Pittenweem means "the place of the cave", a reference to St Fillan, an 8th century hermit whose cave remains in the care of St John's. St John's church is in the centre of Pittenweem, on the site of the 14th century Augustinian priory, of which the grade 1 listed Gatehouse remains.
In 1805 St John’s Episcopal Chapel was built by Revd David Low, the then incumbent of Pittenweem and Crail, who largely led the revival of the Scottish Episcopalian Church. He was later elected Bishop of Ross and Argyll, but remained the incumbent at Pittenweem, and thus technically St John’s Chapel was his cathedral.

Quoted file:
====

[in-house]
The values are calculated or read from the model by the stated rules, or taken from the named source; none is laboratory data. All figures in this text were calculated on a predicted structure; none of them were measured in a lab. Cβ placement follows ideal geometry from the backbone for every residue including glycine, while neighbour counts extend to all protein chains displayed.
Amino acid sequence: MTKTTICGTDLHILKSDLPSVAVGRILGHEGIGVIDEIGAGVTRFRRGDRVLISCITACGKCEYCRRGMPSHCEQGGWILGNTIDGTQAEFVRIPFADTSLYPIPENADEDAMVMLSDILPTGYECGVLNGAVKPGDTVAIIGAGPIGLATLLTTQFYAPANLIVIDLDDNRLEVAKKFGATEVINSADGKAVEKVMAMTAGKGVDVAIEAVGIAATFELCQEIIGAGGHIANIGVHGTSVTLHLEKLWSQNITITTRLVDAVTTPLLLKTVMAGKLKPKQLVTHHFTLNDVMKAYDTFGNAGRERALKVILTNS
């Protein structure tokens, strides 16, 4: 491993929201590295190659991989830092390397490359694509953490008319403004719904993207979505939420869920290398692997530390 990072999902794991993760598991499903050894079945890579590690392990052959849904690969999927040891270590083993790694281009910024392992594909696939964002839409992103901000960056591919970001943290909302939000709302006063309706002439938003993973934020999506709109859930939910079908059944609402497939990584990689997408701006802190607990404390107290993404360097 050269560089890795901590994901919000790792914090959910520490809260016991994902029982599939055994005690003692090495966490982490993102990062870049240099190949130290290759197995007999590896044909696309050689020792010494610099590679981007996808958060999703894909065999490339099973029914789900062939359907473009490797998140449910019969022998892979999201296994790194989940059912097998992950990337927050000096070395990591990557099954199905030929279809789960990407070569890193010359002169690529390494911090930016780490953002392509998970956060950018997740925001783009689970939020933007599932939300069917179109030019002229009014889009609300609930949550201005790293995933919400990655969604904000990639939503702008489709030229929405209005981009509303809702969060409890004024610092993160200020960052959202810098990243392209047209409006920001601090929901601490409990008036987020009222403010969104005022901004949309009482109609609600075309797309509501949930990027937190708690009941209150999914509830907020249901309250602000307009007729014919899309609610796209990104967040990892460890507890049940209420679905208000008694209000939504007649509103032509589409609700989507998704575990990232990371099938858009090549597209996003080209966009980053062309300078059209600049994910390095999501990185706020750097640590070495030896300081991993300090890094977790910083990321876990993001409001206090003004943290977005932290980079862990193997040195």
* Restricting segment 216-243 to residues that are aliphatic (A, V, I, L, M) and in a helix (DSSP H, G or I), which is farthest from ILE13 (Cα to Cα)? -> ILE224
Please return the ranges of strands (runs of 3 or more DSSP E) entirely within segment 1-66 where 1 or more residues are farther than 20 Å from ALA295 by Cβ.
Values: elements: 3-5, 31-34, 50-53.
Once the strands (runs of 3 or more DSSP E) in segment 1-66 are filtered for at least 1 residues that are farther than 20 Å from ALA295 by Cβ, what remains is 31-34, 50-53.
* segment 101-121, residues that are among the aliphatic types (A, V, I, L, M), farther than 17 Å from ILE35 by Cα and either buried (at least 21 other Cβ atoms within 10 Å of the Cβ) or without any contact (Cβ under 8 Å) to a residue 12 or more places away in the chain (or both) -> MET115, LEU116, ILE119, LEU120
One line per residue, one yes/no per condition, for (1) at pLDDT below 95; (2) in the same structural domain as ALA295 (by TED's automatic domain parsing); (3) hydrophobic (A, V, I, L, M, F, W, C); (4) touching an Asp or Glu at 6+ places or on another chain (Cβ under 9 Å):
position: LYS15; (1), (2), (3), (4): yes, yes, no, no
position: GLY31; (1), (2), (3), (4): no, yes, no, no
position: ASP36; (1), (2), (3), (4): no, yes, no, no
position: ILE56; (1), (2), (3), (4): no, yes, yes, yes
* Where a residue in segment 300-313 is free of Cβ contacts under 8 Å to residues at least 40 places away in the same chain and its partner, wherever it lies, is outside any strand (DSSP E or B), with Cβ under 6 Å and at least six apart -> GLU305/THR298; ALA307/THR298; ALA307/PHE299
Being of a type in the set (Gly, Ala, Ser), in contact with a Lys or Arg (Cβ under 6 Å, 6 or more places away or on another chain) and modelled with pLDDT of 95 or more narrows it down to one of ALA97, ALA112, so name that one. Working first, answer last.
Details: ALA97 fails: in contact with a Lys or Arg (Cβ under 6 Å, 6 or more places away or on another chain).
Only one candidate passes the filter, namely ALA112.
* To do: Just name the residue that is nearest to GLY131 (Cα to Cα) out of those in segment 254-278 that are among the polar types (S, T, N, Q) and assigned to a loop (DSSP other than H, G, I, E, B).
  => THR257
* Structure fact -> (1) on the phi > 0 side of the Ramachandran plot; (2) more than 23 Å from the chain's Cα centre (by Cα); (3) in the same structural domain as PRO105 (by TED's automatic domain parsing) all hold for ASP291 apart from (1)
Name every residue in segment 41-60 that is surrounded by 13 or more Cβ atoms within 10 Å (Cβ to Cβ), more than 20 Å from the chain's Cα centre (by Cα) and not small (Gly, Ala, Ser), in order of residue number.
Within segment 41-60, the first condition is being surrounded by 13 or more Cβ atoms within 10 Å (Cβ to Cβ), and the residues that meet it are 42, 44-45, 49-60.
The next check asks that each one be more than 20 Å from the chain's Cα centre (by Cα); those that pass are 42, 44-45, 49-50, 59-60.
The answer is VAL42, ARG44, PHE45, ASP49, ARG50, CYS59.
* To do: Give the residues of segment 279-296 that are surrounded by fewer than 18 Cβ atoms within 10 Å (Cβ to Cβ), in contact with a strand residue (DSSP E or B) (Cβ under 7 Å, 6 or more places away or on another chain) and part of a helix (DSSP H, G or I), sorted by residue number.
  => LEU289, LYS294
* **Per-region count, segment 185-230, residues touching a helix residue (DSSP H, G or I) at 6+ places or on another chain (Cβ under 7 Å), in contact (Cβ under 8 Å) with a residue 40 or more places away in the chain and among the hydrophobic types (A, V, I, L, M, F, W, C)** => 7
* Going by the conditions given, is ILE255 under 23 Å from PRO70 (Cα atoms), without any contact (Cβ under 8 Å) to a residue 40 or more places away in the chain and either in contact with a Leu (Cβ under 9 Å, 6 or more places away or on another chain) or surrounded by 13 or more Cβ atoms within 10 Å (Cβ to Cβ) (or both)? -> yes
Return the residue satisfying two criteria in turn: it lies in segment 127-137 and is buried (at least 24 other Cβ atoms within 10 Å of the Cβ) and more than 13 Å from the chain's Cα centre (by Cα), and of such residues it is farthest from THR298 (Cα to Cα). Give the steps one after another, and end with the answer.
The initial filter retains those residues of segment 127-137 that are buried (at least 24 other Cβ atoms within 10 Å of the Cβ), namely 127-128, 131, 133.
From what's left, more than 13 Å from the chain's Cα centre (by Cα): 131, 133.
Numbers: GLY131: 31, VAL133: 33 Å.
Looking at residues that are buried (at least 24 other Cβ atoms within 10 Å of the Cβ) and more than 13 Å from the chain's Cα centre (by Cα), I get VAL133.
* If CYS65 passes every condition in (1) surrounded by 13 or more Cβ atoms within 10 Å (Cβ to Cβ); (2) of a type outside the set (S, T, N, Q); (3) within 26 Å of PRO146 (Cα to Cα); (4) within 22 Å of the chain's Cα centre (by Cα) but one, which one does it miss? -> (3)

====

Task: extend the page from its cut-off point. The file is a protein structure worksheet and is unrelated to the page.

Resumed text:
The building has been altered and extended over the years, but basically it is the same 19th century beautiful small stone building, which comfortably seats 75-80 in traditional wooden pews. The sanctuary is decorated with fine oak carving from the 1920s by the famous architect Robert Lorimer. There are several 19th and 20th century fine memorial stained glass windows, and two new windows, designed by Ursula Ditchburn (illustrated below), were added in 2005 to commemorate the church's bi-centenary and the life of the local community.